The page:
Sibling rivalry on the air

It was going to be quite a challenge for 16-year-old Cara Paul, a junior at Mount de Sales Academy, Catonsville. She was getting ready to compete in the country’s longest running TV game show, “It’s Academic,” to be taped at Baltimore’s WJZ-TV.

But it wasn’t only that she and her two fellow juniors were to face some very stiff competition from Mount St. Joseph, Irvington, and Oakland Mills high schools. Her older brother, 18-year-old James Paul, a senior, was to be the captain of the Mount St. Joe’s team.

The Paul siblings, parishioners of St. William of York, Baltimore, were about to make “It’s Academic” history. It would be the first time in the 47 years of the quiz show that a brother and sister competed against one another.

“We’ve had brothers and sisters on the same team before,” said the program’s associate producer, Joel Kemelhor, “but never siblings on opposing teams. This is quite a moment.”

Friends, family members and other students from the three schools gathered in the lobby of the television station, including James and Cara’s parents, Jeanne and Frank Paul. Mrs. Paul held a sign which proclaimed, “Go Gaels,” for Mount St. Joe’s, but on the other side, it read, “Go Sailors,” for Mount de Sales. Her husband’s card, however, read, only, “Go Mount go,” an encouraging sign of support for both schools.

As the team members seated themselves in the station’s conference room for the preparatory talk and program explanation from Mr. Kemelhor, James confessed that during the week preceding the taping, there had been quite a bit of “trash talking” between him and his sister. He looked across the table at Cara, Mount de Sales’ captain, and grinned. She ignored him, turning to giggle a little with her two teammates, juniors Jenni Doty and Claire Baldi.

Finally, the student contestants and the audience were ushered into the studio and onto the set, unchanged for more than 30 years, to meet the show’s host, David Zahern. The audience of some 60 supporters was abuzz, clapping and cheering on cue when the cameras’ red lights went on and Mr. Zahern energetically introduced the program and the three schools.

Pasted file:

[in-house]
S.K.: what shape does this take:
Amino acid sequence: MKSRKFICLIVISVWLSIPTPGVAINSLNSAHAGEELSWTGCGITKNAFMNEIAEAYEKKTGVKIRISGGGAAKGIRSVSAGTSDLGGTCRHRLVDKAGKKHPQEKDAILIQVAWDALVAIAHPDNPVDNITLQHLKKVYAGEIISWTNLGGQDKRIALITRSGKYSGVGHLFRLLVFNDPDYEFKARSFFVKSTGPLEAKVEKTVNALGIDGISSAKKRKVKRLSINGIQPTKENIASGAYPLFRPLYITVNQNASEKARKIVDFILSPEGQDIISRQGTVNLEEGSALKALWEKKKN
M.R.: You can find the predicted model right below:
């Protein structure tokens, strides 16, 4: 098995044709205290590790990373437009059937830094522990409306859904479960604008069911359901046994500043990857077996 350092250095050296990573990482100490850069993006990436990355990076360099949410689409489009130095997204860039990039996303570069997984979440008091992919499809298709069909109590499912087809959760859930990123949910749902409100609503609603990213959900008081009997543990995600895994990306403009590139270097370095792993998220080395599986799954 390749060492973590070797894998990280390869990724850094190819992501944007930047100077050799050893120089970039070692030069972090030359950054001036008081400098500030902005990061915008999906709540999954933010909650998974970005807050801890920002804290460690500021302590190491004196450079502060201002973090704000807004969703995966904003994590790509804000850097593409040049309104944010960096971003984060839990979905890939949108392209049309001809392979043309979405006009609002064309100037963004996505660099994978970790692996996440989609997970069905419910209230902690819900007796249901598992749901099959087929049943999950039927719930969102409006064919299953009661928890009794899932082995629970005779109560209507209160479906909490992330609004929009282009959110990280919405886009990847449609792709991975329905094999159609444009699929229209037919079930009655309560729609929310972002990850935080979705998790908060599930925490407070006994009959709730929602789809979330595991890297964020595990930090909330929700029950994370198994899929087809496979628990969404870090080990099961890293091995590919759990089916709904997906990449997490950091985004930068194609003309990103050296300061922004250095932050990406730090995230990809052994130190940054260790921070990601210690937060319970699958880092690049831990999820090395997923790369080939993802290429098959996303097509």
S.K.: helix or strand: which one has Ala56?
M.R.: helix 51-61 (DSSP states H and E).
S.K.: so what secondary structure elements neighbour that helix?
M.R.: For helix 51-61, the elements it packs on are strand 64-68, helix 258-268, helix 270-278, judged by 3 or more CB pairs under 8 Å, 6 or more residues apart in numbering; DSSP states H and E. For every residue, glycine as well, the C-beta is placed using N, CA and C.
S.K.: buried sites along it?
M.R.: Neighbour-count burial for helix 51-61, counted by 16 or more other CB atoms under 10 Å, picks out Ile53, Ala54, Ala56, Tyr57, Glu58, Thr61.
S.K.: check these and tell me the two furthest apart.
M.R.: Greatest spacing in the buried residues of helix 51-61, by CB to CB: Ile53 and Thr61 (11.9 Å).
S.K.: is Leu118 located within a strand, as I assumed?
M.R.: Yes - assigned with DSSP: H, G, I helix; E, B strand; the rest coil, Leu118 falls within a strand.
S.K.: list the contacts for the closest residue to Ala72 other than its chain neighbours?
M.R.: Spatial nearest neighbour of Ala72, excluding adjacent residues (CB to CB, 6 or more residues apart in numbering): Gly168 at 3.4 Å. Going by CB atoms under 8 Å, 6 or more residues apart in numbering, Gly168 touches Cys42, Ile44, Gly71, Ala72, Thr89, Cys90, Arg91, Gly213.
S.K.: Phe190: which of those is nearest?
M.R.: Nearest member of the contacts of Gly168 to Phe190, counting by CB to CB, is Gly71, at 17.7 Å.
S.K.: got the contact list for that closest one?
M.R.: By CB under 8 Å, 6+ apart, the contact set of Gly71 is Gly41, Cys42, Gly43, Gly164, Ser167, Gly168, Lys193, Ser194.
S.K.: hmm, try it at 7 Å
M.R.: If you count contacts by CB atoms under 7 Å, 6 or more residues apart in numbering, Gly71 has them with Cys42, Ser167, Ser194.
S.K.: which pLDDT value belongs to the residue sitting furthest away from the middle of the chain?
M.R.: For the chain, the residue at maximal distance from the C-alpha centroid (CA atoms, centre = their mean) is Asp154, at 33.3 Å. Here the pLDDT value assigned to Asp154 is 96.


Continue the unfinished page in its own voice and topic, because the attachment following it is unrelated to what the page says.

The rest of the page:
One by one, each student rose to introduce himself or herself to the viewing audience. When it came to James, he turned to where Cara was sitting and said, straight-faced, “I want to thank my sister for coming out to support us today.”

Cara responded: “I’d like to thank my brother for having faith in me.” It was the last of the teasing, “trash talk.”

The questions – ranging from mythology to tough math problems – and the answers came fast and furiously as the teams vied to press the answer buzzer first. All three teams started well. The girls from Mount de Sales were more than holding their own. But soon, Mount St. Joe’s snuck into the lead and, missing a couple of difficult questions, Mount de Sales slipped back a little. Oakland Mills was keeping it close.

By the time the academic dust had cleared, Mount St. Joe’s had clung tenaciously to its slim lead. James Paul and his teammates, Colin Leach and Sam Read, were declared the winners, and as the audience cheered appreciatively, Mrs. Paul diplomatically turned over her placard to the Mount St. Joe’s side.

As the contestants and their supporters mingled outside, there was no sign of gloating from James Paul. He smiled at his sister and said, “It’s all about conciliation now.” But, he was quick to add, “I’m glad we won.”

“I’m a little disappointed,” his sister said, “but we really didn’t expect to win.”

“They were great,” said James graciously. “And they have next year.”

James, who was a member of the Baltimore Archdiocesan Youth Advisory team last year and who is active in a leadership role with St. William of York’s youth ministry program, will return to WJZ next month for the taping of the semi-finals.

“It was a lot of fun,” said Cara, who is very active in Mount de Sales’ French and ecology clubs, “and I can’t wait for next year.”

Meanwhile the quiz heroics of James and Cara will air on WJZ-TV May 24 at 10 a.m.

“It’s Academic” was created by Sophie Altman, who still produces the quiz shows in Washington. The program features three local high school teams of three players each competing for scholarship money. Over the years Giant Food has been the sponsor, and more than $2,000,000 has been given out for school scholarship funds.

The single elimination tournament features 81 schools. The winners in each region (Baltimore, D.C. Metro and Virginia) go on to battle each other in the Super Bowl. The record-high score of 935 is held by Centennial High School in Ellicott City, a feat it achieved in 2000.

Catholic Review

The Catholic Review is the official publication of the Archdiocese of Baltimore.